t was a nice start for EF Language as we threaded the needle
between Chessie to leeward and Silk Cut and Swedish Match to
windward. All yachts used the now famous masthead reachers for
the fast reach out Sydney Harbour.
One yacht was over early at the start, the first one this
Whitbread, and it was Dennis Conner on his Toshiba for his first
leg. DC had to go back to restart, which placed him last out the
EF Language poked her nose clean out in front of the pack and
slowly stretched her lead to four lengths over Silk Cut at the
first mark at South Head. The wind has lightened considerably
since the fleet left the coast.
Our weather man, Roger Badham, aka "Clouds," has been coaching us
all week. He expected us to be met with light winds shifting to
the northeast for the first 36 hours. After, on Tuesday or
Wednesday, we should be picked up by a southerly change, hopefully
with some grunt in it, which should allow us to make some serious
miles toward North Cape.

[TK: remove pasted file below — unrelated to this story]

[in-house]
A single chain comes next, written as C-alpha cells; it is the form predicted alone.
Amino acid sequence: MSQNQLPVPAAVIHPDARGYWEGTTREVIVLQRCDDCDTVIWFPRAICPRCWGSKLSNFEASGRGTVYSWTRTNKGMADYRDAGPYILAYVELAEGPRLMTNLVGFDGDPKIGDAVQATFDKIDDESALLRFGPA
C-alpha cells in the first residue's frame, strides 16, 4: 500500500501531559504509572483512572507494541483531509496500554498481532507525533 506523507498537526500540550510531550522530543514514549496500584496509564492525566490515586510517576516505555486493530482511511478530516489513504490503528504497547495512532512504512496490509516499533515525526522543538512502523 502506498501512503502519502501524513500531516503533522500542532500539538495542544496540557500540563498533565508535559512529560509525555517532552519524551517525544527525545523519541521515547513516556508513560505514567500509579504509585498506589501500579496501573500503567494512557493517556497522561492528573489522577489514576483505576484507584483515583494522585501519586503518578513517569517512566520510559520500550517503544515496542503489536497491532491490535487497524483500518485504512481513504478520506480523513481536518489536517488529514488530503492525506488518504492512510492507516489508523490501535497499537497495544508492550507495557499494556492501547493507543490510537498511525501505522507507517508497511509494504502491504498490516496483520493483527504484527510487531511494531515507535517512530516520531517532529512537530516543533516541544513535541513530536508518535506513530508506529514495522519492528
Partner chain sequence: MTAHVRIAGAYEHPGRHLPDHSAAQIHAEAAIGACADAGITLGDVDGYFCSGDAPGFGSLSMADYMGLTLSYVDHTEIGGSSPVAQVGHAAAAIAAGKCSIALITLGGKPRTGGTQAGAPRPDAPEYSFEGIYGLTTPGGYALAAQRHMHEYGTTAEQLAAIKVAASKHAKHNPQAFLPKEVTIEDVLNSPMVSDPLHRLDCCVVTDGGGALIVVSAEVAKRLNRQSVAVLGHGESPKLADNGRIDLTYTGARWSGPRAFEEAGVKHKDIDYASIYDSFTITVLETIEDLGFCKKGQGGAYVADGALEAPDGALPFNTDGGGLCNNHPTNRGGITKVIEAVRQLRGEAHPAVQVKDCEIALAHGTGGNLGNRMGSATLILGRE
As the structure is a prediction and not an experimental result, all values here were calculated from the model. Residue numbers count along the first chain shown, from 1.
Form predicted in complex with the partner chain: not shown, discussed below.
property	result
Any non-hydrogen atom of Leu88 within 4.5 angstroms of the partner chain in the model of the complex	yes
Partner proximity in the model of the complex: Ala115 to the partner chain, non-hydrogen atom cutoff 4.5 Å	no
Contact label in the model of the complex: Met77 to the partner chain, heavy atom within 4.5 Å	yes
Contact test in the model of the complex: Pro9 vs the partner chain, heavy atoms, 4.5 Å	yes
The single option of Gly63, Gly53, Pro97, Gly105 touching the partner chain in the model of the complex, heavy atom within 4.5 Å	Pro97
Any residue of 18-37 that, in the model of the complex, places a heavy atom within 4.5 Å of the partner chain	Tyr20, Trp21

So far the wind has gone from 155 [degrees] to 120 and back to 135
currently. We have 9.5 knots of boat speed and are doing 9.75 of
boat speed on a course of 75M [degrees magnetic].
Again, the start is one of the most exhilarating moments in these
legs and winning another one set a good tone on board EFL as we
begin this short sprint. We have now settled into our watch
system, trying to make sure we can conserve our energy for the
end. I think this leg will be won and lost in the last 150 miles
coming down the east coast of New Zealand.
Sydney is truly one of the great cities of the world. I could live
there. They will be excellent hosts in 2000. Goodbye, Sydney, and
thanks for your hospitality.